Neuro-wearables? Real Neuroscience or Real Hype?


One of the growing trends in neuroscience is the development of neuro technologies and neuro-wearable products, marketed to bring the benefits of neurofeedback and neurostimulation to your workplace and personal lives. These products, such as Apollo, COVE, Muse, Halo and Happbee, tout benefits such as decreased stress and anxiety, more focused and beneficial meditation, improved mental math speed, and even a better night’s sleep. These devices present incredible potential, but does the science really back up the hype? As brain geeks, we decided to dig deeper. Here’s what you need to know about the growing market of neuro-wearables.  

How These Devices Work: Most non-invasive neurostimulation devices rely on a technology called transcranial direct current stimulation (tDCS), which uses electrical currents to non-invasively target and stimulate parts of the brain. People are making their own DIY version at home using batteries and electrodes (although neuroscientists say to proceed with caution) or you can buy a productized version such as the Halo headband.

The Science: Studies have demonstrated improvements in various aspects of performance as a result of using tDCS, from better athletic metrics to improved memory and cognitive scores. However — pay attention because this next point is critical — it remains an open question as to exactly how tDCS causes these improvements. Scientists found that only 10% of the electrical current from tDCS reaches neurons in the brain, with the other 90% getting absorbed by the scalp and skin. Some scientists believe this 10% still might be enough to influence brain activity and change behavior and performance — but just not in the way we might think. For example, rather than directly activating neurons, these devices might be acting through another mechanism, such as activating glial cells (the brain’s immune cells, and the second most prevalent cell type in the brain after neurons) or promoting brain-derived neurotrophic factor (BDNF, a protein involved in neuroplasticity). 

 The Risks & Benefits: Non-invasive neuro-wearables are considered lifestyle rather than medical devices, which means they are NOT required to pass certain measures such as FDA approval. While this does not mean they are dangerous, it does mean they might not have been thoroughly vetted for all potential risks before going to market. 

 Remember, especially given the unknowns around the underlying mechanisms, users should always do some due-diligence to educate themselves on a product before taking the plunge. Three solid resources to start learning more include:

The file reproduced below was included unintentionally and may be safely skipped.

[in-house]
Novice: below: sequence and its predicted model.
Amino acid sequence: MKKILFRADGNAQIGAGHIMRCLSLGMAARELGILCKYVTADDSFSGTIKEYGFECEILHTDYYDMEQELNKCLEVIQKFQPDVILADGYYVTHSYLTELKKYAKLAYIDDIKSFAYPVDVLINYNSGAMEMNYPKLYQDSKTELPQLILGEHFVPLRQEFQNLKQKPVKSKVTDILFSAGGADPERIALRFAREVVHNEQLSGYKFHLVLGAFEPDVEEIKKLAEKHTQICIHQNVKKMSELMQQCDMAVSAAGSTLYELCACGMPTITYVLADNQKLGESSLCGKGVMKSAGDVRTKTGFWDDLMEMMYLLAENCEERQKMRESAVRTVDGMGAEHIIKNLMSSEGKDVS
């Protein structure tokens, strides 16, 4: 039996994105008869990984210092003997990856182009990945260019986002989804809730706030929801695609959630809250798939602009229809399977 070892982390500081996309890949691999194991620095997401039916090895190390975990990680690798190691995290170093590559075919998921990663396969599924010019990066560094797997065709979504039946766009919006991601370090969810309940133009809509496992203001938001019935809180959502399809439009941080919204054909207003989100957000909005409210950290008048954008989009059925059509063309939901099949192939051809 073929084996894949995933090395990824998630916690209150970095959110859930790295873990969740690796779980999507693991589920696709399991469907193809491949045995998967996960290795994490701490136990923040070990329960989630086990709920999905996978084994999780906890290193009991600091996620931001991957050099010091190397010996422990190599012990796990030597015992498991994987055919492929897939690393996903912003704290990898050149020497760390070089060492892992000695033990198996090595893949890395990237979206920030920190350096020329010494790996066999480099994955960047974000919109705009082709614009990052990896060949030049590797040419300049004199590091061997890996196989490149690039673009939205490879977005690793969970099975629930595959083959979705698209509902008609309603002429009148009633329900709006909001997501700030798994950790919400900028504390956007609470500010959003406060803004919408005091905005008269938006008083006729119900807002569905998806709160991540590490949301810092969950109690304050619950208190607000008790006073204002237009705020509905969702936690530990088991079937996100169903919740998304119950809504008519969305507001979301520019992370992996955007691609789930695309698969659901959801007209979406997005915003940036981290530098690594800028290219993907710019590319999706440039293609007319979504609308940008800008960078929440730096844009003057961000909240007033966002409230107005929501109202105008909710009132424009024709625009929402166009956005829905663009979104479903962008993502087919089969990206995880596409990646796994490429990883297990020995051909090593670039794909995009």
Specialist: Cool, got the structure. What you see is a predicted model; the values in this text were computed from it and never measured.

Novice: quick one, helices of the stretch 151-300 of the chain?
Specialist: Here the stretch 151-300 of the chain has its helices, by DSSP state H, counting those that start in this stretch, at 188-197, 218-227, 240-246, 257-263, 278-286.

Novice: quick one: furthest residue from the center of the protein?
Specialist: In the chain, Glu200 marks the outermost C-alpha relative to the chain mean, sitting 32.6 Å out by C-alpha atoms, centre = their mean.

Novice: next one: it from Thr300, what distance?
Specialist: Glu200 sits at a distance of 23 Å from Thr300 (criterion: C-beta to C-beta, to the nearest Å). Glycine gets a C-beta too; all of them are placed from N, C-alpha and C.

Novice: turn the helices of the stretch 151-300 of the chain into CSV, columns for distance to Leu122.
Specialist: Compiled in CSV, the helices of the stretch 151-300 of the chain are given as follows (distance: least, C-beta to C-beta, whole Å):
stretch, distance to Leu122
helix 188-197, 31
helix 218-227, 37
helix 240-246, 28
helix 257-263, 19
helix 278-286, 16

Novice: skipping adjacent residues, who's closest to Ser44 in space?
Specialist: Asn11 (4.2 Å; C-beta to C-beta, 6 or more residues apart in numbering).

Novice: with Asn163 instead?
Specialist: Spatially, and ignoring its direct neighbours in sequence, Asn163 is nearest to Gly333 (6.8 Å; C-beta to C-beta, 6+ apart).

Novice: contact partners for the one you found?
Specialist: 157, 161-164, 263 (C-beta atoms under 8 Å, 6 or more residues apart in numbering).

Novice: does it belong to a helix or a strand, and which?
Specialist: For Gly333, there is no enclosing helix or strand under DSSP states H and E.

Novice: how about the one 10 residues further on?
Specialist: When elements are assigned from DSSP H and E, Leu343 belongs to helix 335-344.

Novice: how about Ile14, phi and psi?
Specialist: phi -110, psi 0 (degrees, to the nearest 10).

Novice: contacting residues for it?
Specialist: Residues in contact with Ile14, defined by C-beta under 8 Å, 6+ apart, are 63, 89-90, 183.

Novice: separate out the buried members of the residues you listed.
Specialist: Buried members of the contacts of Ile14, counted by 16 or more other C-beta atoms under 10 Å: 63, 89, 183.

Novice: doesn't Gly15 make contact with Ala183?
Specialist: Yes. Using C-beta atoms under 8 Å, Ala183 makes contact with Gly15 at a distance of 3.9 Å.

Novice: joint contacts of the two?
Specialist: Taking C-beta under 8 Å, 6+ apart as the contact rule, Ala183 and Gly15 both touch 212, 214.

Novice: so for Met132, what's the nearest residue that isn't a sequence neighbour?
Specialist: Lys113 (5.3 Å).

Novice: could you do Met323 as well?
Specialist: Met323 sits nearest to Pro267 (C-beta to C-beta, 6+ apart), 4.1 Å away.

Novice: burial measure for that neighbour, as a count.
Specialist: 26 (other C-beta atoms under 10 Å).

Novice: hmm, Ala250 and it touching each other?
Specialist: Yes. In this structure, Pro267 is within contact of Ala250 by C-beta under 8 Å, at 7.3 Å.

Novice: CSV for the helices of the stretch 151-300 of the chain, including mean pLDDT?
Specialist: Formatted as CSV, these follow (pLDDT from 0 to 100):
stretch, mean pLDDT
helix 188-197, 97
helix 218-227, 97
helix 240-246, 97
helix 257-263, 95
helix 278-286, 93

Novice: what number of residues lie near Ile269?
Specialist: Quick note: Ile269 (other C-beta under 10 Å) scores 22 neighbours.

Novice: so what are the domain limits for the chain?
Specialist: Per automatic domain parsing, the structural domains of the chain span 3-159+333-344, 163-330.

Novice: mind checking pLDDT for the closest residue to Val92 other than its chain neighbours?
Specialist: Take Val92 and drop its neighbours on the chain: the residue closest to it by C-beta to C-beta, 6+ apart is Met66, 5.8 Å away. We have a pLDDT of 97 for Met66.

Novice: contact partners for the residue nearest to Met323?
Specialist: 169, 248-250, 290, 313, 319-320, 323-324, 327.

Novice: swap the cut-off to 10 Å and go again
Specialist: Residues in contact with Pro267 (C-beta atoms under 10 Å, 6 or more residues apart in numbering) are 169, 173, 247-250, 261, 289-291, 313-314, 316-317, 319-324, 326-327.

The Short Story? These devices show promise. Many reputable academic institutions have even partnered with neuro-wearables companies to pursue research using their devices. However, there’s still so much more to learn about how the devices work and how to use them most effectively and safely. 

Our Own Tests and Testimonials: We’ve tested out some of these devices ourselves. Here are a few of our impressions.

Oura Ring: For the past year, Daisy has used an Oura ring to track sleep stats and other biometrics (heart and respiratory rate, steps, calorie burn, etc). “The main change it has brought into my life is accountability. Knowing I’ll look at my sleep graph and total hour count when I wake up has motivated me to be more proactive about getting to bed early the night before. It also helps me recognize when I’m having an off day and to give myself permission to take it easy when I know my sleep has suffered.”

Apollo: During COVID lockdown, Wendy tried the Apollo (after learning about it from a popular “Bio Hacking” podcast). “The device itself looks like a large Fit Bit and can be worn on your wrist or ankle. Using an App, you can set the device to a variety of settings (focus, calm, meditation) and it will deliver a small constant electrical pulse based upon these settings. Did it improve my concentration, stress and focus? Perhaps a bit. What Muse did was make me be more mindful and attentive while I was wearing it. For example, for a big Zoom meeting or presentation, I would wear Apollo to remind me of my intention – to be focused and speak slowly. The gentle pulses were a nice reminder.” 

Muse: Another device Wendy started using when it first came out 3 years ago was Muse, which is used during meditation. “Muse is a headset that passively senses real-time brain activity during meditation and then translates the activity into sounds. It is used to see if you are really calming and quieting your mind during meditation. The app offers different guided meditations and sound options. If you hear more sounds (like wind and rain getting louder) it means your thoughts are bouncing around. The sounds get quieter when you have clear focused attention. I used it for a few months, but found the headset and sound waves very distracting in my daily mindfulness meditation practice so I set it aside. However, I did give the device to a few coaching clients who love tech and wanted to learn to meditate. Some thought it was a fun “toy”. I believe that there are a few great meditation apps in the market (Headspace, Calm, Insight Timer) that are more beneficial.” 

 Now it is your turn. What neuro-wearable products have you tried? Which ones are you curious about? Please share your reviews and thoughts in the comment area below. 

Wendy Swire, Leader/ Founder of the DC Neuroleadership Group

Daisy Banta, Head of Research, DC Neuroleadership Group

August, 2021